JV: Which of your own books would you suggest to readers & why?
AS: I’d suggest The Trickster’s Tale, the first of my books about The Unbelievable FIB. Mostly, I’d suggest it because I think (hope!) it’s a fun read for young people that blends mystery and Norse mythology. There are detectives, gods, giants, and one uncommonly rude squirrel. On a different level, though, I’m really pleased with how the book deals with the theme of becoming comfortable with uncertainty. That theme presents itself if different ways throughout the book. For me, though, one of the most interesting manifestations is how magic is treated. Often in stories for young people you have to believe in magic to experience it. In The Trickster’s Tale, it’s the people who aren’t sure what they believe who can experience magic. Basically, it’s the people who are open to possibility. This ability to embrace uncertainty and be open to possibility is important to me, especially today. I think the world would be a better place if we were all a little more open to different ideas and other ways of thinking.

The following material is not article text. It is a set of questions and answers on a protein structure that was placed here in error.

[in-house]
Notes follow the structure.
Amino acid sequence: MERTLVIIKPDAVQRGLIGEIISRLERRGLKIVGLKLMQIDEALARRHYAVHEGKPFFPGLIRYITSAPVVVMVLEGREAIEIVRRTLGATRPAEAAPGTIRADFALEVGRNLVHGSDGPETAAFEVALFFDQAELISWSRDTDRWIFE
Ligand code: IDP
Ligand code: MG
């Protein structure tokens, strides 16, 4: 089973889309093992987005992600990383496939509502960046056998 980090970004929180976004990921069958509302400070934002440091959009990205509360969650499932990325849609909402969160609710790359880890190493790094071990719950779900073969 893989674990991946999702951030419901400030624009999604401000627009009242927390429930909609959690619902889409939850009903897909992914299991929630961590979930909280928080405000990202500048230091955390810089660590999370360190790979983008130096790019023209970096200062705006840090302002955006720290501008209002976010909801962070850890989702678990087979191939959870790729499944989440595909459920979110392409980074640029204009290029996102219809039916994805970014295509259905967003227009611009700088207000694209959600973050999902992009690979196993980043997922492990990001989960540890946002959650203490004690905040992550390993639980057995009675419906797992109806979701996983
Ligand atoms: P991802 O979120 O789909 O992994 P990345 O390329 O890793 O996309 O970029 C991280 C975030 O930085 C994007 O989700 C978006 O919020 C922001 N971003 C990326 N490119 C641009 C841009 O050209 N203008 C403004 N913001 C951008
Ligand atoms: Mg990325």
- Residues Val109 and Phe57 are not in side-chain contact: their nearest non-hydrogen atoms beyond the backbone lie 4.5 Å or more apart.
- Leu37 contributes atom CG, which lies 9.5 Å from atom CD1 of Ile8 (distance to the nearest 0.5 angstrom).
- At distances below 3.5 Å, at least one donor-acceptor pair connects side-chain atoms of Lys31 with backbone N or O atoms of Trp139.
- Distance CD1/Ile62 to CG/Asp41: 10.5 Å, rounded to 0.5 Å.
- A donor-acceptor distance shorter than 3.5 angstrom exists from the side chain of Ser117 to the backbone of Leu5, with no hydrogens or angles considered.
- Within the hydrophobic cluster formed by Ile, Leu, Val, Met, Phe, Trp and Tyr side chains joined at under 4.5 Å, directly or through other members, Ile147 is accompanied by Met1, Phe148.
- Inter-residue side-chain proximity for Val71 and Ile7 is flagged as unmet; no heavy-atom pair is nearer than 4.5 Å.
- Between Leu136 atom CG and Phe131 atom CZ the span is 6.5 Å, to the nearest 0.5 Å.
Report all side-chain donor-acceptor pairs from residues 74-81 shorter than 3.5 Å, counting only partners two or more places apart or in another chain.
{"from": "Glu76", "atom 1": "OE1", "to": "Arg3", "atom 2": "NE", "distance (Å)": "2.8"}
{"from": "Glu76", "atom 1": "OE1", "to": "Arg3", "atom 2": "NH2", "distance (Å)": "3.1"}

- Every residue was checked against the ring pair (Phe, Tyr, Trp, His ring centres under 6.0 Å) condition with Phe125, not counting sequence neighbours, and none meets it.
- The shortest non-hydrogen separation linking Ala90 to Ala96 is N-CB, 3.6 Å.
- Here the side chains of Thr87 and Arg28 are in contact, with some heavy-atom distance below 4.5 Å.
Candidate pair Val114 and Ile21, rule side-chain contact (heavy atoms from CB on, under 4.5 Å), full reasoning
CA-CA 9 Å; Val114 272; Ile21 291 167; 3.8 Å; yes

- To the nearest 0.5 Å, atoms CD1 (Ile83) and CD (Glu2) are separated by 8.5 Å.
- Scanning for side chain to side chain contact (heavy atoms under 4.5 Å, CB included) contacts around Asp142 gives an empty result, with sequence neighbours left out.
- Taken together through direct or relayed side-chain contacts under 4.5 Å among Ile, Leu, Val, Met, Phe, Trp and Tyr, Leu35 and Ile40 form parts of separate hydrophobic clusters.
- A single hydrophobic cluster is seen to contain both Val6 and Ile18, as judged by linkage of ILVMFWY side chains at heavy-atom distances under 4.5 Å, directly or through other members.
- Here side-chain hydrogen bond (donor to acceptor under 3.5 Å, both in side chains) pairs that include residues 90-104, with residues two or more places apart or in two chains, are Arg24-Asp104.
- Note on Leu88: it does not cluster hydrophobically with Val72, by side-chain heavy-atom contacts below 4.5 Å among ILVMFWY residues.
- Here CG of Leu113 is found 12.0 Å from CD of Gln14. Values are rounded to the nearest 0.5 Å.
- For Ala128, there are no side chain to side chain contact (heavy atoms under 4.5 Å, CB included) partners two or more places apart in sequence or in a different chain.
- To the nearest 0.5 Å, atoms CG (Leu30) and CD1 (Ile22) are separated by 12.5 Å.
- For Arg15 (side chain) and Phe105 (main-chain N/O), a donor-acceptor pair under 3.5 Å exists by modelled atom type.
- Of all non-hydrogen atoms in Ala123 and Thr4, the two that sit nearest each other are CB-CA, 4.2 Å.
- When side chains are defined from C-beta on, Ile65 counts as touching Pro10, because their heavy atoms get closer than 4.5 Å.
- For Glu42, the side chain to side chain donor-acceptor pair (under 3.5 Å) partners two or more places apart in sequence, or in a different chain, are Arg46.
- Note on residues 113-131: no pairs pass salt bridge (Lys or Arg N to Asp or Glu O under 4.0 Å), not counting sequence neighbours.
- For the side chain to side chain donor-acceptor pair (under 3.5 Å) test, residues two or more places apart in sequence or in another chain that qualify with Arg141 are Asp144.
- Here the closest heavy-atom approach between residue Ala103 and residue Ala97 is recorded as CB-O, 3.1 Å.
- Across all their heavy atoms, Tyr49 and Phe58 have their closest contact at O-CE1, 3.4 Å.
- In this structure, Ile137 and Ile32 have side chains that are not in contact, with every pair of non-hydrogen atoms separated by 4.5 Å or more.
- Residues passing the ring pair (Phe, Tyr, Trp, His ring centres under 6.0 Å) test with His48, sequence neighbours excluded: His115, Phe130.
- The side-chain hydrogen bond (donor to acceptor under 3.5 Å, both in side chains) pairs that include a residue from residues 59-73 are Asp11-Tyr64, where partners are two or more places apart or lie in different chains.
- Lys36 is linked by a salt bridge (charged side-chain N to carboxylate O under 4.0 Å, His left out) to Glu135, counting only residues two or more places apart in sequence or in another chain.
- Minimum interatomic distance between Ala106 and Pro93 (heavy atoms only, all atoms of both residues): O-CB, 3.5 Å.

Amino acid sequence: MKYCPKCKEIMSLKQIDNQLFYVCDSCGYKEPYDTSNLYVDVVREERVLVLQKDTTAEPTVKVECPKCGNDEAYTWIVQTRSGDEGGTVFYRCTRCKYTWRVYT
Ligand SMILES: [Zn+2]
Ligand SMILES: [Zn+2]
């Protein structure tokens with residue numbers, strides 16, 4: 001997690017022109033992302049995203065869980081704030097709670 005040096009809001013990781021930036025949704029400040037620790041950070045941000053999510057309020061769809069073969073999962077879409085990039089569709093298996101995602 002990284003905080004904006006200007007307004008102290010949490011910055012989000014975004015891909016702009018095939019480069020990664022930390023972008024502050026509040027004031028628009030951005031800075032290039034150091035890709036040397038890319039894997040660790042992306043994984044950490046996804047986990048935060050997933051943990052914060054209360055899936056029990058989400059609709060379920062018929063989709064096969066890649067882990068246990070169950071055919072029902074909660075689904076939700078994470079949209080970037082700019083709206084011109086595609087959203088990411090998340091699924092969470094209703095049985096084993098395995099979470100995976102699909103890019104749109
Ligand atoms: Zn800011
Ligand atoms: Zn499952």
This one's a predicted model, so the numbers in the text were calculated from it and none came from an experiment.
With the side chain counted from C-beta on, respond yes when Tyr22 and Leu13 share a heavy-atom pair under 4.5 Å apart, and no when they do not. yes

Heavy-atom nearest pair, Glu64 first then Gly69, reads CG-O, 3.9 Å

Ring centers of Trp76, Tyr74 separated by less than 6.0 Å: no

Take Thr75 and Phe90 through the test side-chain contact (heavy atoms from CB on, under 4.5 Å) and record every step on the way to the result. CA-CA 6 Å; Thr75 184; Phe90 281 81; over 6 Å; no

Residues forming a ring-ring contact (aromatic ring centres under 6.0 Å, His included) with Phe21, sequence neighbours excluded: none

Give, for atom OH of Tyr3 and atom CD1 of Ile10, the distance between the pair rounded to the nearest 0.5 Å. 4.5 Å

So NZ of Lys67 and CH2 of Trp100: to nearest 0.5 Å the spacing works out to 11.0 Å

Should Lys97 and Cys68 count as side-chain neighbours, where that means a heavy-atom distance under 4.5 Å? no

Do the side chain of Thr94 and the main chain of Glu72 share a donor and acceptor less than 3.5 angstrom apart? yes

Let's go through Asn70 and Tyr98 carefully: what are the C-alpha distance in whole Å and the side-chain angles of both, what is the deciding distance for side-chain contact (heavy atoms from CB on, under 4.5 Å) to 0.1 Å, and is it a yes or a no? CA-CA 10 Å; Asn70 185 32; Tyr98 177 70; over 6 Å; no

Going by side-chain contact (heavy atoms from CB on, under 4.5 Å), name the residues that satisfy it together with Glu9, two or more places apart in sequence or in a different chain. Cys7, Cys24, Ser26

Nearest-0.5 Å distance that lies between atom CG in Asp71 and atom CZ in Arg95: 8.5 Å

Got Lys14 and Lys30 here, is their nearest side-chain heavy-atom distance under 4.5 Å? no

JV: Is there a book or author that readers would be surprised to know you’ve read and liked?
AS: I am a big fan of X-Men comics from the 1980s and early 90s. Chris Claremont’s run on those books undoubtedly influenced my storytelling sensibilities and The Dark Phoenix Saga remains one of my all-time favorite reads.
JV: Who is the one author that would, or did, make you weak in the knees upon meeting?